(CNN) – The same day her rival hammered her in a political ad for her claims to Native American heritage, Elizabeth Warren fired back in an ad of her own, saying Sen. Scott Brown was attacking her family.
"As a kid, I never asked my mom for documentation when she talked about our Native American heritage," Warren says in the spot. "What kid would? But I knew my father's family didn't like that she was part Cherokee and part Delaware, so they had to elope."
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"Let me be clear. I never asked for or never got any benefit because of my heritage," she continues, addressing the central concern that Brown has brought up on the campaign trail and at the candidates' first debate last week. "The people who hired me have all said they didn't even know about it."
"Scott Brown can continue attacking my family, but I'm going to keep fighting for yours," the former Obama administration official concludes.
Earlier Monday, Brown's campaign released a television spot compiling newscasts reporting on Warren's claims, which came in documents from when she was a law professor at Harvard Law School. The spot, designed to cast doubt on Warren's trustworthiness, ends with a reporter asking Warren if there is anything that will "come out about you that we don't already know."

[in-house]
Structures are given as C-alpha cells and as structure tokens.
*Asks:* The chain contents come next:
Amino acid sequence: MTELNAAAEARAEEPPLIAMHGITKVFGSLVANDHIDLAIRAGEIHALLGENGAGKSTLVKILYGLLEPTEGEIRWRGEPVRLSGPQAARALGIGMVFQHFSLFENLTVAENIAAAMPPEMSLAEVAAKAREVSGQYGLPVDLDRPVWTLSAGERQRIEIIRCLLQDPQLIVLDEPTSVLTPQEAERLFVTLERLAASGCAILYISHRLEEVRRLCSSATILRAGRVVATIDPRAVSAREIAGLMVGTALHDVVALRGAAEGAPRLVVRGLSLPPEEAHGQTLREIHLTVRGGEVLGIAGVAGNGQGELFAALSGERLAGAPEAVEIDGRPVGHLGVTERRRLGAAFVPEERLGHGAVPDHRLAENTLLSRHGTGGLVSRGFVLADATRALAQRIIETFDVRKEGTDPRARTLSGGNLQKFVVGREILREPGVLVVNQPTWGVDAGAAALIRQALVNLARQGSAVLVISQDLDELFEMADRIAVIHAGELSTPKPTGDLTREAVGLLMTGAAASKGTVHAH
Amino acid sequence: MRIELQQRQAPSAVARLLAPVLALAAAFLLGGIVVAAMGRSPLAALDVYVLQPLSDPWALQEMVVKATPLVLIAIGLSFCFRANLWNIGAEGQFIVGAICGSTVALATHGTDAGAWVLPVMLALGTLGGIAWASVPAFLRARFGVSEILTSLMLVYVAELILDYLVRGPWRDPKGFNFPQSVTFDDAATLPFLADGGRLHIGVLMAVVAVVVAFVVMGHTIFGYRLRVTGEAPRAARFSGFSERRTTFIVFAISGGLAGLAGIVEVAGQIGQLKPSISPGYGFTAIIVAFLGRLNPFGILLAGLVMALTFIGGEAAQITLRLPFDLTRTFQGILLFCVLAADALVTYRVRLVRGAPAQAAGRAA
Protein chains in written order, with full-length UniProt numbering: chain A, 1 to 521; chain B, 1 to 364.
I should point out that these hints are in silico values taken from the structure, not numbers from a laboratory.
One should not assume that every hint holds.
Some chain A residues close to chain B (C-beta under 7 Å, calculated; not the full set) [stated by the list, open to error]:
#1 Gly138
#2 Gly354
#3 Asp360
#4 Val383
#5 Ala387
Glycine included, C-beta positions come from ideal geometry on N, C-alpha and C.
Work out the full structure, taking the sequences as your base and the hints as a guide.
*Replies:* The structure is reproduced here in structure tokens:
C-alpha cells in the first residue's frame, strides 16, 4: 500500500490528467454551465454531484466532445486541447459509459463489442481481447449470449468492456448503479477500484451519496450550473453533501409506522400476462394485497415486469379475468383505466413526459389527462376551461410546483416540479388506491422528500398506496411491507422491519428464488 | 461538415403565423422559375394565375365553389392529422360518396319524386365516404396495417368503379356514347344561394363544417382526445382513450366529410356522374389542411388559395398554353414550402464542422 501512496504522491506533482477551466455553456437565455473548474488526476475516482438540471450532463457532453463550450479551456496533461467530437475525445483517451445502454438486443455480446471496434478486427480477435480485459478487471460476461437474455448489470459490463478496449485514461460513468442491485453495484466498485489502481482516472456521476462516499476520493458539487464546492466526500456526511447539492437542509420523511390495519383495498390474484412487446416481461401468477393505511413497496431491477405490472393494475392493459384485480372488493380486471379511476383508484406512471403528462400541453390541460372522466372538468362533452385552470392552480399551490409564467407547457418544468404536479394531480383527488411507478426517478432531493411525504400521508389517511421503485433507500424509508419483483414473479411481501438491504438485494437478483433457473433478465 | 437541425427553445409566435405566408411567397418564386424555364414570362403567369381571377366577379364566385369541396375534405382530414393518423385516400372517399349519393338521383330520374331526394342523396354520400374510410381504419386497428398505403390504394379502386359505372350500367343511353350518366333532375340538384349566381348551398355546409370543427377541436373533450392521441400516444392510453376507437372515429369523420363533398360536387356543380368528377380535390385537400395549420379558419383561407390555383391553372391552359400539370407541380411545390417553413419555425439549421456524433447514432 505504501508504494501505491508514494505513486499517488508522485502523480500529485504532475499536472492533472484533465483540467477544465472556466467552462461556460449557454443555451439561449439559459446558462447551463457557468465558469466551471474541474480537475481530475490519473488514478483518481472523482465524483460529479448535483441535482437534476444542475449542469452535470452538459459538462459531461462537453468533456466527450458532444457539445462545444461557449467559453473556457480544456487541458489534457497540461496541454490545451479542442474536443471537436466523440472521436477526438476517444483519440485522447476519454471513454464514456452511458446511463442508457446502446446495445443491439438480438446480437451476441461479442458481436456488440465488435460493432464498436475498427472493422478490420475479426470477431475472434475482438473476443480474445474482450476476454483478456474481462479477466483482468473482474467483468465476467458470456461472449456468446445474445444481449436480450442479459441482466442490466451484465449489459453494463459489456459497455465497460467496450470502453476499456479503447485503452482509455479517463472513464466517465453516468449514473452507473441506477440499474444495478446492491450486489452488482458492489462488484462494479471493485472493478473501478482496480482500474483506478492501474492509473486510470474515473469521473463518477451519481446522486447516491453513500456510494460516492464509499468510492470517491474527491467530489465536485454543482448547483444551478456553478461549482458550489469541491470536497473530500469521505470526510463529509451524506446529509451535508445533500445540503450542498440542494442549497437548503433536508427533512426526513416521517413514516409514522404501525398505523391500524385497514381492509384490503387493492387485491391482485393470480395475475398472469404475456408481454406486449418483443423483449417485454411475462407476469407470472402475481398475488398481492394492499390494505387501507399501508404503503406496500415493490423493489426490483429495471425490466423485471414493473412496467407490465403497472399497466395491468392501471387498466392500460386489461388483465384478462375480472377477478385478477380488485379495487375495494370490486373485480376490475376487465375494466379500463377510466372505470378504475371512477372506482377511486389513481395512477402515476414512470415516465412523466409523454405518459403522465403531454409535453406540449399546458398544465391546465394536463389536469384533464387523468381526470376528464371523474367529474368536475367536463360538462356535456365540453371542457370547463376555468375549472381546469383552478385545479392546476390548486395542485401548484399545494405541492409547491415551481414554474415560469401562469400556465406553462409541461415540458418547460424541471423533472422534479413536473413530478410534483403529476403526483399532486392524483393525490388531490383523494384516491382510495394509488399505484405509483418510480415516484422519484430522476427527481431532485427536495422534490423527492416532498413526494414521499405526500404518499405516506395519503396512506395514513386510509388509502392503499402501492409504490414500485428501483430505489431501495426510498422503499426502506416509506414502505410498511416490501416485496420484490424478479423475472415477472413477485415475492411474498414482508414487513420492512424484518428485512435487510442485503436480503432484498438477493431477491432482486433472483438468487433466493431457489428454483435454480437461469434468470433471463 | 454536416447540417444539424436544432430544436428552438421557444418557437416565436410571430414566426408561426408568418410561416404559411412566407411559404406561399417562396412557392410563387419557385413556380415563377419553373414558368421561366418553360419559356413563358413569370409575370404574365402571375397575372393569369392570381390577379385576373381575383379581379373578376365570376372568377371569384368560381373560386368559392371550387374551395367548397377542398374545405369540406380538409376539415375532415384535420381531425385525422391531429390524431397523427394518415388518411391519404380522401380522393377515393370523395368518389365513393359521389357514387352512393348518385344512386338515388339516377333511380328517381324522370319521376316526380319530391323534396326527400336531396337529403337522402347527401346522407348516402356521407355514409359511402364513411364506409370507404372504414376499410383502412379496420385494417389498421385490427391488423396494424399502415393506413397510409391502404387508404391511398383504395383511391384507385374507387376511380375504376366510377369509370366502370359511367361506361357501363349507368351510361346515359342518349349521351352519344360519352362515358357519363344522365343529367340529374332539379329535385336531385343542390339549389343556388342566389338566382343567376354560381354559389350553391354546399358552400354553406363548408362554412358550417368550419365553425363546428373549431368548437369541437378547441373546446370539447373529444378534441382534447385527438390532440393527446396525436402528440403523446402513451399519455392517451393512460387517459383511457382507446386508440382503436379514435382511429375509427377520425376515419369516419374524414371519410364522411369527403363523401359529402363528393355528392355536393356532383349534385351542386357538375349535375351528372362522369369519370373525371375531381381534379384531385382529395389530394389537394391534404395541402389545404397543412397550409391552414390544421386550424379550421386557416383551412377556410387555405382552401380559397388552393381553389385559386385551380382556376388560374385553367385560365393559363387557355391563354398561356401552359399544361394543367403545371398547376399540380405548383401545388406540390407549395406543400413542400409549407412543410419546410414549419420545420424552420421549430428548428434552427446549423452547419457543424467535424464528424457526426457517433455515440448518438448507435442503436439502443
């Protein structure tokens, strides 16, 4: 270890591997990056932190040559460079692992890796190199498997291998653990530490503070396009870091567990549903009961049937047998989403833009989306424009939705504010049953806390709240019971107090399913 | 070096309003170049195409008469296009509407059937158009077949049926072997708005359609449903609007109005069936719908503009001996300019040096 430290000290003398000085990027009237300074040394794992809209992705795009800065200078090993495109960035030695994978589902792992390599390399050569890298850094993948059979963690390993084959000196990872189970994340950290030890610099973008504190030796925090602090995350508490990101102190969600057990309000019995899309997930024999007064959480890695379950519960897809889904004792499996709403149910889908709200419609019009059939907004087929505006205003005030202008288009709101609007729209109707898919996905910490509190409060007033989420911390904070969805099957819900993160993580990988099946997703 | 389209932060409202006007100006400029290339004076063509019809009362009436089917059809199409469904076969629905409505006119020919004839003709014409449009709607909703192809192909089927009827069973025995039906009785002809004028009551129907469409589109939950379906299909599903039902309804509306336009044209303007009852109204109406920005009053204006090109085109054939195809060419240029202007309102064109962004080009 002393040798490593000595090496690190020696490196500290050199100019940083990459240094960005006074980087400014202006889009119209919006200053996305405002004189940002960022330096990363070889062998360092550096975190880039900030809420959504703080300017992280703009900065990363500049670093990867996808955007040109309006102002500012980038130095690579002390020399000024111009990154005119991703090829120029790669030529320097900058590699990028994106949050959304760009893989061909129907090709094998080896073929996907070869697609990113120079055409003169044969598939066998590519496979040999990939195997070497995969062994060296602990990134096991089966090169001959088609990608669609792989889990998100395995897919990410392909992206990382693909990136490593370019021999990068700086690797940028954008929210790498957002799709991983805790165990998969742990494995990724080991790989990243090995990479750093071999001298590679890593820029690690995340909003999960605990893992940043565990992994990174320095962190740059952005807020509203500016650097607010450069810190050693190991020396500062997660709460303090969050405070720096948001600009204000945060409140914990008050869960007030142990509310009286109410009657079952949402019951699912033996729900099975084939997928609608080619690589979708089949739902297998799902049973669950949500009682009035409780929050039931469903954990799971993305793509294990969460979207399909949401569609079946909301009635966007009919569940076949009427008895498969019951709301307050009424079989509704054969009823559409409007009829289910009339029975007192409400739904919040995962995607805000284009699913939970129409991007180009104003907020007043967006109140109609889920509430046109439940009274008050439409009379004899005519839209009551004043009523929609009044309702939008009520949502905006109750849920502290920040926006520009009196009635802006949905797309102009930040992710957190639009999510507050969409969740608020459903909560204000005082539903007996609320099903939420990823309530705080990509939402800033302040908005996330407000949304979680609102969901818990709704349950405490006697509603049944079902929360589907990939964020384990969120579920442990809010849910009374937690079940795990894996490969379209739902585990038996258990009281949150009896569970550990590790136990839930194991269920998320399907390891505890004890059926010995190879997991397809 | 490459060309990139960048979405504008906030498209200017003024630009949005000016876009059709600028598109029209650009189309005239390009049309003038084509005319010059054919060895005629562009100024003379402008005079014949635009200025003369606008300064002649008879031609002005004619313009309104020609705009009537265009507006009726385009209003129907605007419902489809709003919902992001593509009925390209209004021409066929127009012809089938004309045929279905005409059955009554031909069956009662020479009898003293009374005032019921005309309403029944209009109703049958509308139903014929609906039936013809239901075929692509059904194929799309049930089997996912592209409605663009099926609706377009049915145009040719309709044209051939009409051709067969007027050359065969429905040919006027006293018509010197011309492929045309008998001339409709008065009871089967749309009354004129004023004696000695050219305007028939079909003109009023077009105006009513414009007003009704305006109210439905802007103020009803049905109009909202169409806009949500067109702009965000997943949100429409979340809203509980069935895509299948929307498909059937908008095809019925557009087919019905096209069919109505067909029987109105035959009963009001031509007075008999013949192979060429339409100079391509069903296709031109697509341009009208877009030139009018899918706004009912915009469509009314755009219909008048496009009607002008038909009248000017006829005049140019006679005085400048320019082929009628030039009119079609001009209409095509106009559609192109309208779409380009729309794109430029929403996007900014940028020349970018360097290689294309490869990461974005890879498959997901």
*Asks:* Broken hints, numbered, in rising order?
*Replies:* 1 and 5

"I don't think so, but who knows," Warren responds.
In May, Warren stirred controversy when she confirmed that she had described herself in faculty directories as having Native American heritage while teaching at Harvard Law School. She said she did so in order to meet others with similar backgrounds.
Opponents quickly seized on her comments, arguing she had tried to use minority status as a way to advance her career. The Crimson , Harvard's student newspaper, printed articles in the late '90s quoting law school administrators hailing Warren's Native American heritage as evidence of faculty diversity.
The New England Historic Genealogical Society provided CNN with initial research showing several members of Warren's maternal family claiming Cherokee heritage. The Native American link extends to Warren's great-great-great grandmother O.C. Sarah Smith, who is said to be described as Cherokee in an 1894 marriage license application. The genealogical society gathered that information through a 2006 family newsletter and said the original application cannot be located.